Stay Comfy Blog

AC Leaking Water: What's Happening and Who to Call

ac leaking waterIt’s 90° in the shade, your AC is working at top capacity, and now you notice—it’s dripping water. What’s going on and what can you do about it? Water leaking from an air conditioner is a fairly common issue, often easily solved, so no need to panic.

How Your AC Works

Your AC works by removing moisture from the air—and lots of it, especially when it’s working at capacity. Water forms on the indoor coil finned surfaces, runs down into the built-in drain pan and is conducted to the drain by way of some type of drainage piping. There are several things that can go amiss as part of that process.

Three Common Causes

There are three reasons that account for an AC leaking water:

The drainage tubing or the outlet of the coil can get plugged with dirt or other contaminants that accumulate over time. If some part of the drain system is stopped up, the water will overflow, usually ending up at the base of the furnace. It actually leaks out of the coil on top of the furnace and runs down to the floor internally through the furnace. Sometimes the water damages electrical components in the furnace when this happens. It can also result in a shutdown of the system if yours is equipped with an overflow cutoff switch.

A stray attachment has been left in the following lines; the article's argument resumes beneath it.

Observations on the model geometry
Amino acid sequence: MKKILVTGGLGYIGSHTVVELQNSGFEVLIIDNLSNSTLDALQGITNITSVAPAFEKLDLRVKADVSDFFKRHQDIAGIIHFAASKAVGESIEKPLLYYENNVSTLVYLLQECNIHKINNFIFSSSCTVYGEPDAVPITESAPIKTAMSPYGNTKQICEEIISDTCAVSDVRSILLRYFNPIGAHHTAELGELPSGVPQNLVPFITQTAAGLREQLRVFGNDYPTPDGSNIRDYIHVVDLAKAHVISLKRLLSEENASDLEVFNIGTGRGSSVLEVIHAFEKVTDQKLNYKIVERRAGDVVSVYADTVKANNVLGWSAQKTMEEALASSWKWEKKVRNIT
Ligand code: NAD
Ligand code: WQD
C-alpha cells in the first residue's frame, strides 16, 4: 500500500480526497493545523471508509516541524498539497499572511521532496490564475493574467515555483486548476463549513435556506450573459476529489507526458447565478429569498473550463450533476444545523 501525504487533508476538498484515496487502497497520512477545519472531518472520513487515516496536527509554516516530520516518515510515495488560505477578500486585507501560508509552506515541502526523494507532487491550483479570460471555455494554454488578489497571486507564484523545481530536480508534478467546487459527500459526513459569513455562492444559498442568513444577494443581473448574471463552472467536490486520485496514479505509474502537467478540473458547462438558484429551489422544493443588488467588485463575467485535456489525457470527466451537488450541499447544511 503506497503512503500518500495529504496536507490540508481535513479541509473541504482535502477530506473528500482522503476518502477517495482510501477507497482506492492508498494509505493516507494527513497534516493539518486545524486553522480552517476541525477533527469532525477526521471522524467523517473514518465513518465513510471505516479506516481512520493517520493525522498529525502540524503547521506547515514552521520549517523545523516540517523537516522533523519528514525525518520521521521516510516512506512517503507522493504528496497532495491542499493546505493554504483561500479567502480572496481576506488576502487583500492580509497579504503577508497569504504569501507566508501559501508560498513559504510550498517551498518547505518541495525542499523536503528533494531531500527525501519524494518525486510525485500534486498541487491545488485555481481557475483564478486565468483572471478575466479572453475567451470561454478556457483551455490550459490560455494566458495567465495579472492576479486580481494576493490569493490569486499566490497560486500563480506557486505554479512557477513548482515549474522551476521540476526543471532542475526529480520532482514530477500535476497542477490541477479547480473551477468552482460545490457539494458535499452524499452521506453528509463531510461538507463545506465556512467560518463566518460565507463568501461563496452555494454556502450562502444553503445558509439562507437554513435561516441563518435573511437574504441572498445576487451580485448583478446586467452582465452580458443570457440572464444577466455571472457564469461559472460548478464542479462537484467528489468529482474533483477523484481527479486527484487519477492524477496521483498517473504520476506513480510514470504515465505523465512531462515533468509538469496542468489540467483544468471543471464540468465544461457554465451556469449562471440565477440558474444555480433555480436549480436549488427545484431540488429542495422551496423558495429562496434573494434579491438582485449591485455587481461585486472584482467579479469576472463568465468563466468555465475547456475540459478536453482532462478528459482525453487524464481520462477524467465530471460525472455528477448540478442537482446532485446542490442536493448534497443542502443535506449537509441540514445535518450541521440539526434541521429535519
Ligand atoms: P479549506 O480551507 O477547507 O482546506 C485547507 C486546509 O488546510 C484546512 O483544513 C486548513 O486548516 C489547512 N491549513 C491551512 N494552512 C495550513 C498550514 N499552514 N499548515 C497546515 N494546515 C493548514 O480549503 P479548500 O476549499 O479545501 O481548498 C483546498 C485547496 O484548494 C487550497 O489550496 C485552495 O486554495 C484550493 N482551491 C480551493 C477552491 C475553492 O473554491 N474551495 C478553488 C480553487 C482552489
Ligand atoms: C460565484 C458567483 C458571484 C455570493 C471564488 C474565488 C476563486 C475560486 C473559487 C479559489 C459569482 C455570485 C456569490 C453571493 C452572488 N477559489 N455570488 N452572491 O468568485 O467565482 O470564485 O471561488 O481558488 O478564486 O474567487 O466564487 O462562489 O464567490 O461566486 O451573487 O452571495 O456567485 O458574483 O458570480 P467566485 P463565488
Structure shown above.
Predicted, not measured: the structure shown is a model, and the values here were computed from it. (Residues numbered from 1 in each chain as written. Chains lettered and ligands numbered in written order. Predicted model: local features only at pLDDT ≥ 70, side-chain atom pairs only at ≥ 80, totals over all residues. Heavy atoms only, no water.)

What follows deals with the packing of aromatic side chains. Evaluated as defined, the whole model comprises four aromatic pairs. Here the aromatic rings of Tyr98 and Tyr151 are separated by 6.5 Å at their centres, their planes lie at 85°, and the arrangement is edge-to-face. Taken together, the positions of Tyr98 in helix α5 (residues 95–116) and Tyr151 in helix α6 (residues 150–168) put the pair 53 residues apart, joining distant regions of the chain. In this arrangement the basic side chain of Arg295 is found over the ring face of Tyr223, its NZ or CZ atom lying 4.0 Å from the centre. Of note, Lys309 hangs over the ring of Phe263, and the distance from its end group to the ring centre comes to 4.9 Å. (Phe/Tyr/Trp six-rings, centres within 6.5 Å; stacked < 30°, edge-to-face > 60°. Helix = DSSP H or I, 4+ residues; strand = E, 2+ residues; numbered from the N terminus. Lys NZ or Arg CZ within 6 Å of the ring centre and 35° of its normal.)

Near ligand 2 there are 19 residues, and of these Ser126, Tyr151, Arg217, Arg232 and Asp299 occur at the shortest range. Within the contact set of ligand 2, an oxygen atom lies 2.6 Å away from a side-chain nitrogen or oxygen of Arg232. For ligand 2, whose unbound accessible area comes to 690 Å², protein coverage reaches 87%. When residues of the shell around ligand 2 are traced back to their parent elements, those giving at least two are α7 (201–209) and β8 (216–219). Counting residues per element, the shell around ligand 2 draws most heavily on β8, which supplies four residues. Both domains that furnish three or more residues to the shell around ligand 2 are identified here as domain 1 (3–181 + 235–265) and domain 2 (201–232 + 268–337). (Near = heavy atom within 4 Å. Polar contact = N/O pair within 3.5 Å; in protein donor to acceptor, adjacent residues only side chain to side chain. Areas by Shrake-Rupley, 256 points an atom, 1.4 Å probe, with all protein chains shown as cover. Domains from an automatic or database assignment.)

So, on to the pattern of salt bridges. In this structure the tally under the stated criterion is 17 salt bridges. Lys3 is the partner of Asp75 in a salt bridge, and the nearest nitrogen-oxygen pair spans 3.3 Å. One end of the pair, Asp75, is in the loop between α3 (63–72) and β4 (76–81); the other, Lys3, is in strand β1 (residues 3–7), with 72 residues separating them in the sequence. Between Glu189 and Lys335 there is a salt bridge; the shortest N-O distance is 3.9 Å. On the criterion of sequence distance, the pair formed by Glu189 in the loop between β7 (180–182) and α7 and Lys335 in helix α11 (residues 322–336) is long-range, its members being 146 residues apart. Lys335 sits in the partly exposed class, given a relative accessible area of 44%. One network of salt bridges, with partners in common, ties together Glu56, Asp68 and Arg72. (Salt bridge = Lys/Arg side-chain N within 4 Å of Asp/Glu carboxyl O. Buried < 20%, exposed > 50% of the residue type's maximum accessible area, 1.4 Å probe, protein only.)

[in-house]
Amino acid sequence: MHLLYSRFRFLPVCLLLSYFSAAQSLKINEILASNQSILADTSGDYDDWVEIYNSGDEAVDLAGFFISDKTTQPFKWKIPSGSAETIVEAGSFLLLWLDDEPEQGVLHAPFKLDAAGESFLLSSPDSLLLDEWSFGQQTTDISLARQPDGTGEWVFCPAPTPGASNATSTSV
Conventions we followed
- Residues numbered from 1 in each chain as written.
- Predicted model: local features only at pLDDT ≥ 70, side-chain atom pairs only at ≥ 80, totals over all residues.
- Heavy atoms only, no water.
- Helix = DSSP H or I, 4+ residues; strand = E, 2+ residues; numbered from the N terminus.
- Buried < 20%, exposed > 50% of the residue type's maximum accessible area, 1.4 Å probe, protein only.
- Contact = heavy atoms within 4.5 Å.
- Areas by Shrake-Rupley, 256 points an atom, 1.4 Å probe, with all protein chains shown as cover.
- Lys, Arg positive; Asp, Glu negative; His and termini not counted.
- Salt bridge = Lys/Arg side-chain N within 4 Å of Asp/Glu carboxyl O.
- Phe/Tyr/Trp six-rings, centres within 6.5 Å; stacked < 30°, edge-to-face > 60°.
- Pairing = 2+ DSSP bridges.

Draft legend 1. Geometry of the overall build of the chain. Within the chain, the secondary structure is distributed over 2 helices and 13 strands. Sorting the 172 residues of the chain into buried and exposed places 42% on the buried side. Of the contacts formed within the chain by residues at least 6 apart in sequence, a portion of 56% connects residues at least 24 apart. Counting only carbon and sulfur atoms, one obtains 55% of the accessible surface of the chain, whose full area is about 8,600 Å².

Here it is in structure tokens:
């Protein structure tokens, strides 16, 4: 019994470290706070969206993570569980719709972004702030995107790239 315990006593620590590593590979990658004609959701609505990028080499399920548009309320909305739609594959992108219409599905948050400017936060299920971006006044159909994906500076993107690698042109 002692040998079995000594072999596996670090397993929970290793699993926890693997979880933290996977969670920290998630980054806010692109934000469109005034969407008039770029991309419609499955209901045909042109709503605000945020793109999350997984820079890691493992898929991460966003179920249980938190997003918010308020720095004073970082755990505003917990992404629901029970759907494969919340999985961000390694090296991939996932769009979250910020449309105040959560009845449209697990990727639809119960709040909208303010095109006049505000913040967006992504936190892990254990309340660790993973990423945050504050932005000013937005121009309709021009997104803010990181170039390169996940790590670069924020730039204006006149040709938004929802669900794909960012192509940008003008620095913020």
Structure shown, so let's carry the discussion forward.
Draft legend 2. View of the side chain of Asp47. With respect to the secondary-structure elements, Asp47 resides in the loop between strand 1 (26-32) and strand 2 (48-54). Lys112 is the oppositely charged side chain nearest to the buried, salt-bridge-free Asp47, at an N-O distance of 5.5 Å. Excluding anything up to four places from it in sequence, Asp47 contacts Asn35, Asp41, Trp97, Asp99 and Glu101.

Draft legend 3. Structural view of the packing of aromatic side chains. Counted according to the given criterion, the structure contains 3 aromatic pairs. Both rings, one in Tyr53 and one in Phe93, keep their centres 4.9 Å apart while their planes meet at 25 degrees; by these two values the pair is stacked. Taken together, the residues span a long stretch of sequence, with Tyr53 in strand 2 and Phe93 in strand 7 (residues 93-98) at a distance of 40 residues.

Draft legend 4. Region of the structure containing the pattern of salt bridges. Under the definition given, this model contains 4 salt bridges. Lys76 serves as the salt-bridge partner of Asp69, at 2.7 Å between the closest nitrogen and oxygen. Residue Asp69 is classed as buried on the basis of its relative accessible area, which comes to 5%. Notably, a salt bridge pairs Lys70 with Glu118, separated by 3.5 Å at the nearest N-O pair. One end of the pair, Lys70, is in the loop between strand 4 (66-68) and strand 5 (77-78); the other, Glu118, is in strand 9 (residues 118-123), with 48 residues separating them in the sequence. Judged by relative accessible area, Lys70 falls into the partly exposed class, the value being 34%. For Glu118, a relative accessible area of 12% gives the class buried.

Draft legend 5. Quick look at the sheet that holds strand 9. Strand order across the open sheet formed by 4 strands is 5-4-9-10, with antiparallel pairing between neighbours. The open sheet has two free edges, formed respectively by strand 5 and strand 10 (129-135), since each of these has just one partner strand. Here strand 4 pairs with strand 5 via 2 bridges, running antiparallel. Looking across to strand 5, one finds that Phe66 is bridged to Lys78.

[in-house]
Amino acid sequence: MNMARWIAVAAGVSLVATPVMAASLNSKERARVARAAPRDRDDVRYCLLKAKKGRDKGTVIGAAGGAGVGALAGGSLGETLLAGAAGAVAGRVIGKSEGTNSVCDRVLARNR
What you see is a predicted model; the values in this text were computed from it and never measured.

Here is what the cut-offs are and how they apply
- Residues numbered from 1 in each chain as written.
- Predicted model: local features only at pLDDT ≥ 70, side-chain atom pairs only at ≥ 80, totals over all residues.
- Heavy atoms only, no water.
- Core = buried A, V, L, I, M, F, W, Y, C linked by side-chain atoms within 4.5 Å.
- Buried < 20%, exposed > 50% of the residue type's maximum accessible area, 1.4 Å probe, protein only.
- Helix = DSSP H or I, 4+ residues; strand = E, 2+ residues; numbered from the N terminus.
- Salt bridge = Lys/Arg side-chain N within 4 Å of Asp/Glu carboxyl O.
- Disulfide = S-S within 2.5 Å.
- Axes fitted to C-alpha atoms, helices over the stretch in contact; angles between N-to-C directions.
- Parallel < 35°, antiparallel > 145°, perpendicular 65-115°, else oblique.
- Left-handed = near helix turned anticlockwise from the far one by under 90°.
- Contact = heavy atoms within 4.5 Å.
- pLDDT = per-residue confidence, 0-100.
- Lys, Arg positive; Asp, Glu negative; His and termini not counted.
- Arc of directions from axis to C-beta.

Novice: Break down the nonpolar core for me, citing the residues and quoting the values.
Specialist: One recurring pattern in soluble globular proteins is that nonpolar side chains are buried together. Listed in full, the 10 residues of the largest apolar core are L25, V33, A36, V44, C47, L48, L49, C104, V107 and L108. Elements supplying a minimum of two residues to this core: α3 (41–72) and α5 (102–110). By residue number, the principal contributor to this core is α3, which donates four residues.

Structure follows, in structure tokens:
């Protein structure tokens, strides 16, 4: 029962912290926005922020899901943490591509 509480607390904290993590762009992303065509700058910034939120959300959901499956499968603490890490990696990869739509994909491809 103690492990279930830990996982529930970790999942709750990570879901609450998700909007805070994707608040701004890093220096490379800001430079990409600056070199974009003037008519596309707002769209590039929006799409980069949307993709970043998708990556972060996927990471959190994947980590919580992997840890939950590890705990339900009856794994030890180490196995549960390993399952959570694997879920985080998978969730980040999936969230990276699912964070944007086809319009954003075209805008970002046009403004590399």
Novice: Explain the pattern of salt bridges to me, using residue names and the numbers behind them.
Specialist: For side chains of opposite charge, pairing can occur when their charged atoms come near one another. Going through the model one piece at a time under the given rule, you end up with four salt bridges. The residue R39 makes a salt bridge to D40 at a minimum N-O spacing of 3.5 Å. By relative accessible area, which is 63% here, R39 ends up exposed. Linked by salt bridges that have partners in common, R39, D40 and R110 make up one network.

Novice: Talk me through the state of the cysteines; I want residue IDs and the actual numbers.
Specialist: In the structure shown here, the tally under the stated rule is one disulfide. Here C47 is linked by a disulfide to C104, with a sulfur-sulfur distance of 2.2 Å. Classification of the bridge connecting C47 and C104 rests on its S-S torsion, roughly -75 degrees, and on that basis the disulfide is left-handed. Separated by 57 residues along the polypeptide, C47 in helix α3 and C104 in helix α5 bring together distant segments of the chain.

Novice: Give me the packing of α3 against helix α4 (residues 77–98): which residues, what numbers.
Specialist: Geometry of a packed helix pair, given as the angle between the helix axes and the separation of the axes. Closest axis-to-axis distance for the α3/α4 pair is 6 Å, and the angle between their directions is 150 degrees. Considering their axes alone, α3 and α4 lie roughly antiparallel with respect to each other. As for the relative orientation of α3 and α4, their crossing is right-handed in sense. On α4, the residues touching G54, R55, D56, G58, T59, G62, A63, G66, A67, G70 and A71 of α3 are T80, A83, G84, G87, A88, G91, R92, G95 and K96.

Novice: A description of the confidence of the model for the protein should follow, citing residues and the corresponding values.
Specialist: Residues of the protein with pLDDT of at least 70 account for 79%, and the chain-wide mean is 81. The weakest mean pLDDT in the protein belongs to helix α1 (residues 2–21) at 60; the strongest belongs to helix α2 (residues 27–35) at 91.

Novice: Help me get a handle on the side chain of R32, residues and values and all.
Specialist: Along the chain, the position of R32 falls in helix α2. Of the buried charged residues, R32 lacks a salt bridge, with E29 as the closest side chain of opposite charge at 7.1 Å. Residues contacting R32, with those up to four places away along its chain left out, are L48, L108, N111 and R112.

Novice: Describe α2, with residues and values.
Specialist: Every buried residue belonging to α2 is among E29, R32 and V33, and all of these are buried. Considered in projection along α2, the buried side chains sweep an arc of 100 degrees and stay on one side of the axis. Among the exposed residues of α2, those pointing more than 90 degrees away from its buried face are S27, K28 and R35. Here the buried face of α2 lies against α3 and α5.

Another similar cause of leaking is a dirty or clogged filter. This can result in ice forming on the evaporator coils, which will drip as it melts. In addition to the leaking water, a filter that's been clogged for a long time can put an extra strain on your system and decrease its life expectancy.

Finally, you could have a crack or hole in the overflow pan, which catches condensation from the unit.

DIY Solutions

Start by checking your filter and replacing it if necessary. During the cooling season, it’s recommended that you check the filter monthly or more often. In general you should replace your filters every two or three months, but definitely any time you see them getting dirty.

Next, use a flashlight to inspect the overflow pan. Check along the edges, each corner, and at the area nearest the pooling water. Small holes or cracks can usually be mended using epoxy glue, although a more reliable solution is to replace the pan. If you’re unsure about how to do that, a call to your HVAC pro can help.

If you’re still seeing a leak, it’s time to inspect and clear the drainage line. If it’s a small clog, you may be able to remove it using a wet-dry vac. If that doesn’t solve the issue, it may be time to call your HVAC pro. Cleaning the drain system should be part of regular maintenance and now would be a good time to have that taken care of. It could save you a lot of heartache and cash down the line.

A Dehumidifier May Help

Your AC unit does a lot of work removing moisture from the air. That process can be helped by installing a dehumidifier. There are portable models that can help with problem areas in your home. However, you may want to consider a duct mounted model that integrates with your HVAC system. At Stay Comfy, we recommend the Carrier line of reliable, efficient dehumidifiers.

Need to contact an HVAC pro in your area? We can also help with that, too. Check out our convenient dealer locator.

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